19. Soto C., Estrada L., Castilla J. (2006) Amyloids, prions, and the inherent infectious nature of misfolded protein aggregates. Trends Biochem. Sci. 31, 150–155 [PubMed]
20. Walker L. C., LeVine H., 3rd. (2000) The cerebral proteopathies. Neurobiol. Aging 21, 559–561 [PubMed]
21. Walker L. C., LeVine H., 3rd, Mattson M. P., Jucker M. (2006) Inducible proteopathies. Trends Neurosci. 29, 438–443 [PubMed]
22. Lansbury P. T., Jr. (1997) Structural neurology: are seeds at the root of neuronal degeneration? Neuron 19, 1151–1154 [PubMed]
23. Prusiner S. B. (1998) Prions. Proc. Natl. Acad. Sci. U.S.A. 95, 13363–13383 [PubMed]
24. Aguzzi A., Rajendran L. (2009) The transcellular spread of cytosolic amyloids, prions, and prionoids. Neuron 64, 783–790 [PubMed]
25. Head M. W., Ironside J. W. (2012) Review: Creutzfeldt-Jakob disease: prion protein type, disease phenotype, and agent strain. Neuropathol. Appl. Neurobiol. 38, 296–310 [PubMed]
26. Aguzzi A., Heikenwalder M., Polymenidou M. (2007) Insights into prion strains and neurotoxicity. Nat. Rev. Mol. Cell Biol. 8, 552–561 [PubMed]
27. Soto C. (2011) Prion hypothesis: the end of the controversy? Trends Biochem. Sci. 36, 151–158 [PMC free article] [PubMed]
28. Clavaguera F., Bolmont T., Crowther R. A., Abramowski D., Frank S., Probst A., Fraser G., Stalder A. K., Beibel M., Staufenbiel M., Jucker M., Goedert M., Tolnay M. (2009) Transmission and spreading of tauopathy in transgenic mouse brain. Nat. Cell Biol. 11, 909–913 [PMC free article] [PubMed]
29. Eisele Y. S., Bolmont T., Heikenwalder M., Langer F., Jacobson L. H., Yan Z. X., Roth K., Aguzzi A., Staufenbiel M., Walker L. C., Jucker M. (2009) Induction of cerebral β-amyloidosis: intracerebral versus systemic Aβ inoculation. Proc. Natl. Acad. Sci. U.S.A. 106, 12926–12931 [PubMed]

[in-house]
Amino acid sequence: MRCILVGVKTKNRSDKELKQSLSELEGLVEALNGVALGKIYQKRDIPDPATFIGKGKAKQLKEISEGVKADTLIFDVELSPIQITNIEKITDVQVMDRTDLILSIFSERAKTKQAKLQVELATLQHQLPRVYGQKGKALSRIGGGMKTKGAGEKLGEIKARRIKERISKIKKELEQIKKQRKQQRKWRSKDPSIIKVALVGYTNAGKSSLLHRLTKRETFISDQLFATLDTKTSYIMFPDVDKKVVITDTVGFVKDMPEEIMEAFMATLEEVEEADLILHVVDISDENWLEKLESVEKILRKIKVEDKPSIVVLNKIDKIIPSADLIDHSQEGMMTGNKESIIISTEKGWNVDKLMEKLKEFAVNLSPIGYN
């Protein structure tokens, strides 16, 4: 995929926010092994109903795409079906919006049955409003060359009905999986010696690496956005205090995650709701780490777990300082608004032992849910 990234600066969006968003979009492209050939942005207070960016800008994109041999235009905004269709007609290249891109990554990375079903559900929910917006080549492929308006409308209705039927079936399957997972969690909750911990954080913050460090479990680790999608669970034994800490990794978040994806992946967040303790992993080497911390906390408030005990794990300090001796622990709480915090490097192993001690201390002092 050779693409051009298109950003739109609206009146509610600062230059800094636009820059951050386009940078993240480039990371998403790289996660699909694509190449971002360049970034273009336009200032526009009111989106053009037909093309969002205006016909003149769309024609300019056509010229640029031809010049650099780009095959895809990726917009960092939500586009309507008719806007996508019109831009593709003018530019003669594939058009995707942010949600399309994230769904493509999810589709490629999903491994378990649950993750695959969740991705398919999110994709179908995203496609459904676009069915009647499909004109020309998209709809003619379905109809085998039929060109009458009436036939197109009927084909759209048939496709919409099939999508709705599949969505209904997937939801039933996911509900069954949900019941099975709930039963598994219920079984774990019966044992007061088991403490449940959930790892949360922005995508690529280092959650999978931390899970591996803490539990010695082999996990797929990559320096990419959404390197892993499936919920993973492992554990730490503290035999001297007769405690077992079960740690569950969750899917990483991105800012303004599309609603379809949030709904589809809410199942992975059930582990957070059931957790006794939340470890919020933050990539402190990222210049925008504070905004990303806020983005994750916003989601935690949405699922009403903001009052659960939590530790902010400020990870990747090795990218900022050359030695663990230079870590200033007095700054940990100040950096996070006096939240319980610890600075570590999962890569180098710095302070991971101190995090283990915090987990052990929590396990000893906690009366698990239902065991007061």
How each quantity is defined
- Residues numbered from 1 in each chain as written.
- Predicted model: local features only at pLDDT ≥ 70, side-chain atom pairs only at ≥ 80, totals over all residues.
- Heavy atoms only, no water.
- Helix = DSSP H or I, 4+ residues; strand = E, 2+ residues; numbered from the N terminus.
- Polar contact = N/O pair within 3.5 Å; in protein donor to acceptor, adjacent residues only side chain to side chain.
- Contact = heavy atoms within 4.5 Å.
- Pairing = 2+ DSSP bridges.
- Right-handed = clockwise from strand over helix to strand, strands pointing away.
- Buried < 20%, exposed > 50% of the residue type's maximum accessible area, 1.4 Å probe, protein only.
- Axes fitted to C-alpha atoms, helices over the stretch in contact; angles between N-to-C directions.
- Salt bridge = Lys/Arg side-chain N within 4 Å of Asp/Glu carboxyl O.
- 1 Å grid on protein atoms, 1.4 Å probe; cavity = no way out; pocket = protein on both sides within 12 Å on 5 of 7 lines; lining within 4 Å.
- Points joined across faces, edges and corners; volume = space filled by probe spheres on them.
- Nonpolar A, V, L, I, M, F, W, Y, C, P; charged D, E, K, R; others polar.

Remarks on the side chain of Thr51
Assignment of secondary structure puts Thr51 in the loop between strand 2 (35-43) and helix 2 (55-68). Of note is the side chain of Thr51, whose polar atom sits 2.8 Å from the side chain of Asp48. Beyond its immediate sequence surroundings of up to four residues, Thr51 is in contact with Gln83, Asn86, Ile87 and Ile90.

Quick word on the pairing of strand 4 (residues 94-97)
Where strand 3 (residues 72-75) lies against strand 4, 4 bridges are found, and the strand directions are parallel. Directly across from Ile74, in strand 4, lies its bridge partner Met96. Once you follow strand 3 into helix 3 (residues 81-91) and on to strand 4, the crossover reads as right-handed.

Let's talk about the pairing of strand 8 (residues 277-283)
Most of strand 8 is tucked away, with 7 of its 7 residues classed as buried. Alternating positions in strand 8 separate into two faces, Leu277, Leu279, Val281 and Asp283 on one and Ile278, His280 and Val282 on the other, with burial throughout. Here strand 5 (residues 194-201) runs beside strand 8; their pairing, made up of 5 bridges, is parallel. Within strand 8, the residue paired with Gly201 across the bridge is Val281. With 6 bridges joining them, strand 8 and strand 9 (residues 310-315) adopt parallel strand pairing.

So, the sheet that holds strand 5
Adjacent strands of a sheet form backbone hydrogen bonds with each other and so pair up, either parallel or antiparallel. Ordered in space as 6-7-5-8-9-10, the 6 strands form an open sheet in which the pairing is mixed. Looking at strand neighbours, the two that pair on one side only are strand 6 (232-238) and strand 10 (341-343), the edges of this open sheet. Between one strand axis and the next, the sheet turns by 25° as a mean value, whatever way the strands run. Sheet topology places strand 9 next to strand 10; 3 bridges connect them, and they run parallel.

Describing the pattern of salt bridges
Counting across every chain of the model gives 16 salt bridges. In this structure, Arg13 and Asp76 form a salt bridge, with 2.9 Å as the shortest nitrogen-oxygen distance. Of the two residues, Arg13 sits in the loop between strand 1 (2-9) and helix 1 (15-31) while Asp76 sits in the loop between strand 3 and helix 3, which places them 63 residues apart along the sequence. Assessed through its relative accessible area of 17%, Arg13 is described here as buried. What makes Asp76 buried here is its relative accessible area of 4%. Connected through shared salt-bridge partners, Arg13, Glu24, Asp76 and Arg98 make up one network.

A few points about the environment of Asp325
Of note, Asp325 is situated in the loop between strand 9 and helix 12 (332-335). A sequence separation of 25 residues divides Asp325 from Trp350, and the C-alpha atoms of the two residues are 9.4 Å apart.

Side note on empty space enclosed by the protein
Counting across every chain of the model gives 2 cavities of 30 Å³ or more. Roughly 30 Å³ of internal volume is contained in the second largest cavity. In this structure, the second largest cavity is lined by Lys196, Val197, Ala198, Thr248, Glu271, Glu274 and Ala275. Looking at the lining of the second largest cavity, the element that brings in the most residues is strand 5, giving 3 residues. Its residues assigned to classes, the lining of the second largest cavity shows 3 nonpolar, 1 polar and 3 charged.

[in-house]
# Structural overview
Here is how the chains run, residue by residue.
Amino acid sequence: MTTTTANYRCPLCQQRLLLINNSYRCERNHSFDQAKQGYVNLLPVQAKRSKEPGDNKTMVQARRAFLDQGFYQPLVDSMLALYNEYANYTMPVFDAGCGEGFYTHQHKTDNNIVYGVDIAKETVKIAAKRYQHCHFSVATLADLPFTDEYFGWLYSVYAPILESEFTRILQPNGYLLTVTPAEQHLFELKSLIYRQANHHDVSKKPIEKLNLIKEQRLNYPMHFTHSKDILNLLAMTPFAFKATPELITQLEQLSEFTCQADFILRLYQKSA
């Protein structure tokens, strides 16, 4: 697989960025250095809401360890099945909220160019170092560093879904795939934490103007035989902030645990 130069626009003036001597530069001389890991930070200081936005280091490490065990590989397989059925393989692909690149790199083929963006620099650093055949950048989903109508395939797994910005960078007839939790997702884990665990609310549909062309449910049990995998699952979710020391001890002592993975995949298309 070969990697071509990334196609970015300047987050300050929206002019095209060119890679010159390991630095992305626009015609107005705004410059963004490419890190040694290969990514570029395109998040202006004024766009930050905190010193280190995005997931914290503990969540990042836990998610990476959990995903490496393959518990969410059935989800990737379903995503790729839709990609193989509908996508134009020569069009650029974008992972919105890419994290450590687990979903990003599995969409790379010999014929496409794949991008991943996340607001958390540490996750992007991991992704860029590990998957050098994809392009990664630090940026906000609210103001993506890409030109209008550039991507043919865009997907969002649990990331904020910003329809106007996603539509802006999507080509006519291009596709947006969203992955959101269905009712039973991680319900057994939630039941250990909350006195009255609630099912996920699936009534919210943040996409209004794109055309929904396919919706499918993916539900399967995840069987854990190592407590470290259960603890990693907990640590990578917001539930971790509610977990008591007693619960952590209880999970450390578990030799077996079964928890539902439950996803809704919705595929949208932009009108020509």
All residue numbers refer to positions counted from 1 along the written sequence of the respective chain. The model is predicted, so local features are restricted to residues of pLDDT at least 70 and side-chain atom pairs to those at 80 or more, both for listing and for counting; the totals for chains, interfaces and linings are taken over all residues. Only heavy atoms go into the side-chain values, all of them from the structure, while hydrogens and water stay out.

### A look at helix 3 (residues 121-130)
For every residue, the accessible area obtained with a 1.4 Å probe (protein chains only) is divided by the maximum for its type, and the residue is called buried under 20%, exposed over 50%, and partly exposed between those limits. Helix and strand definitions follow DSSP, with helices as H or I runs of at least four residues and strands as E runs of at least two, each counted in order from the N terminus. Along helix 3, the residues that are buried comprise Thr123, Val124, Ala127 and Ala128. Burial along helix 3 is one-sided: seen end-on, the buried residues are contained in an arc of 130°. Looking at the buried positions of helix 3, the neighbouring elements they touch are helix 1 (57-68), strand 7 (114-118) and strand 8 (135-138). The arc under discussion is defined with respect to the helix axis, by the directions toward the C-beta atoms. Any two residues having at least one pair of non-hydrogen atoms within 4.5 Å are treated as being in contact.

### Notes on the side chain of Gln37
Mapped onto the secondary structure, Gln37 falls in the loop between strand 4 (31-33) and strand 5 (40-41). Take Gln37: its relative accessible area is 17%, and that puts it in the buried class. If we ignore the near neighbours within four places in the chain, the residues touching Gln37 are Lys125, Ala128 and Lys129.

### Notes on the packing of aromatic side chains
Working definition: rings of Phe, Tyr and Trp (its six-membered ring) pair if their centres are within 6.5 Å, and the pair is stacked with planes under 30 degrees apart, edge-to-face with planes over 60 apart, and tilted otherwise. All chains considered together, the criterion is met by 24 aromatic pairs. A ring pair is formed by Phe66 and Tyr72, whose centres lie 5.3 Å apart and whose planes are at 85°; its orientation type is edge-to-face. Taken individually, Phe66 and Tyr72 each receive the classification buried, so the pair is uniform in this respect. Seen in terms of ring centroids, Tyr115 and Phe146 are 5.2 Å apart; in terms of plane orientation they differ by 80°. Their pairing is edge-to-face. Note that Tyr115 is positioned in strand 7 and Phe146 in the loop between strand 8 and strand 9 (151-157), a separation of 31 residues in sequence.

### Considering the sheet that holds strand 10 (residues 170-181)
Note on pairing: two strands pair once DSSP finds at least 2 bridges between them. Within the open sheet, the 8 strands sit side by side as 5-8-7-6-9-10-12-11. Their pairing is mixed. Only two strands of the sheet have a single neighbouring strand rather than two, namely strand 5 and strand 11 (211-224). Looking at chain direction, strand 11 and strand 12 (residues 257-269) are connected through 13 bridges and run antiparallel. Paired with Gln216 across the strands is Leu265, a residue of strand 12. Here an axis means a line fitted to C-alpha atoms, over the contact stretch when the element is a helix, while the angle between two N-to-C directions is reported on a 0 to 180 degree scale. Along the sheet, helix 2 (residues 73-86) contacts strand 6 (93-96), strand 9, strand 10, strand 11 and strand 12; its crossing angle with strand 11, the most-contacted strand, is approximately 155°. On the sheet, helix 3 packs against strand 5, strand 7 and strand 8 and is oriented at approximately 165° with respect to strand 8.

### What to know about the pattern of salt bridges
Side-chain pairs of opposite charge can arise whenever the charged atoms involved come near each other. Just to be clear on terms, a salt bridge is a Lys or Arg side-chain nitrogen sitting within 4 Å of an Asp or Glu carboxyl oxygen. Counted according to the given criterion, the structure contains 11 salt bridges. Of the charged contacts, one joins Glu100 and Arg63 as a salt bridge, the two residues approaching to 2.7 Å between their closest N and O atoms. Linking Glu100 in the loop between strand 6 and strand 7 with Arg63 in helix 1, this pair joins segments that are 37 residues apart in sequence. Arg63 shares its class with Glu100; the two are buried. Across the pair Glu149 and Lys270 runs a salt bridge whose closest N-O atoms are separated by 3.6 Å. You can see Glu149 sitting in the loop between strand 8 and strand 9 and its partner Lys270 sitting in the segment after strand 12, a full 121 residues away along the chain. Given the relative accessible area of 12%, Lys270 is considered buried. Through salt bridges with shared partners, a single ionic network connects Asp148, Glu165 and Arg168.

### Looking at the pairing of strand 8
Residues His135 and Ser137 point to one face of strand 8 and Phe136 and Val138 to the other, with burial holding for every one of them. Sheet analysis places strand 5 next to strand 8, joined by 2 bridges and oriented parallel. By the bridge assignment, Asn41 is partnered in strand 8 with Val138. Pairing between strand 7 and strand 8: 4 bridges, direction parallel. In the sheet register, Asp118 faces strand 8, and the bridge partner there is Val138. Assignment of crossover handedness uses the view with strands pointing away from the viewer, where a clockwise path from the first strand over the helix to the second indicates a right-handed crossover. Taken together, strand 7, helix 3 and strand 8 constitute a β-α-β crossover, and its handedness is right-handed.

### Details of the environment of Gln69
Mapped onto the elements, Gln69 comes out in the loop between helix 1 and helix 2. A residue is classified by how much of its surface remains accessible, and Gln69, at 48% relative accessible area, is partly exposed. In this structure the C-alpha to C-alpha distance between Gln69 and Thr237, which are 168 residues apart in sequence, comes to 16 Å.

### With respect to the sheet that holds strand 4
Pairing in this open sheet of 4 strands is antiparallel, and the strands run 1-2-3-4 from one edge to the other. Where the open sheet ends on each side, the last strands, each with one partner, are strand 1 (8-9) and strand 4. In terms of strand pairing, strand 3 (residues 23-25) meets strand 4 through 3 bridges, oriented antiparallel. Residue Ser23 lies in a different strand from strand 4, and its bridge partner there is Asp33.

30. Kane M. D., Lipinski W. J., Callahan M. J., Bian F., Durham R. A., Schwarz R. D., Roher A. E., Walker L. C. (2000) Evidence for seeding of β-amyloid by intracerebral infusion of Alzheimer brain extracts in β-amyloid precursor protein transgenic mice. J. Neurosci. 20, 3606–3611 [PubMed]
31. Meyer-Luehmann M., Coomaraswamy J., Bolmont T., Kaeser S., Schaefer C., Kilger E., Neuenschwander A., Abramowski D., Frey P., Jaton A. L., Vigouret J. M., Paganetti P., Walsh D. M., Mathews P. M., Ghiso J., Staufenbiel M., Walker L. C., Jucker M. (2006) Exogenous induction of cerebral β-amyloidogenesis is governed by agent and host. Science 313, 1781–1784 [PubMed]
32. Ren P. H., Lauckner J. E., Kachirskaia I., Heuser J. E., Melki R., Kopito R. R. (2009) Cytoplasmic penetration and persistent infection of mammalian cells by polyglutamine aggregates. Nat. Cell Biol. 11, 219–225 [PMC free article] [PubMed]
33. Brundin P., Melki R., Kopito R. (2010) Prion-like transmission of protein aggregates in neurodegenerative diseases. Nat. Rev. Mol. Cell Biol. 11, 301–307 [PMC free article] [PubMed]
34. Eisenberg D., Jucker M. (2012) The amyloid state of proteins in human diseases. Cell 148, 1188–1203 [PMC free article] [PubMed]
35. Goedert M., Clavaguera F., Tolnay M. (2010) The propagation of prion-like protein inclusions in neurodegenerative diseases. Trends Neurosci. 33, 317–325 [PubMed]
36. Lee S. J., Desplats P., Sigurdson C., Tsigelny I., Masliah E. (2010) Cell-to-cell transmission of non-prion protein aggregates. Nat. Rev. Neurol. 6, 702–706 [PMC free article] [PubMed]
37. Lundmark K., Westermark G. T., Nyström S., Murphy C. L., Solomon A., Westermark P. (2002) Transmissibility of systemic amyloidosis by a prion-like mechanism. Proc. Natl. Acad. Sci. U.S.A. 99, 6979–6984 [PubMed]
38. Münch C., Bertolotti A. (2012) Exposure of hydrophobic surfaces initiates aggregation of diverse ALS-causing superoxide dismutase-1 mutants. J. Mol. Biol. 399, 512–525 [PMC free article] [PubMed]
39. Polymenidou M., Cleveland D. W. (2012) Prion-like spread of protein aggregates in neurodegeneration. J. Exp. Med. 209, 889–893 [PMC free article] [PubMed]
40. Jucker M. (2010) The benefits and limitations of animal models for translational research in neurodegenerative diseases. Nat. Med. 16, 1210–1214 [PubMed]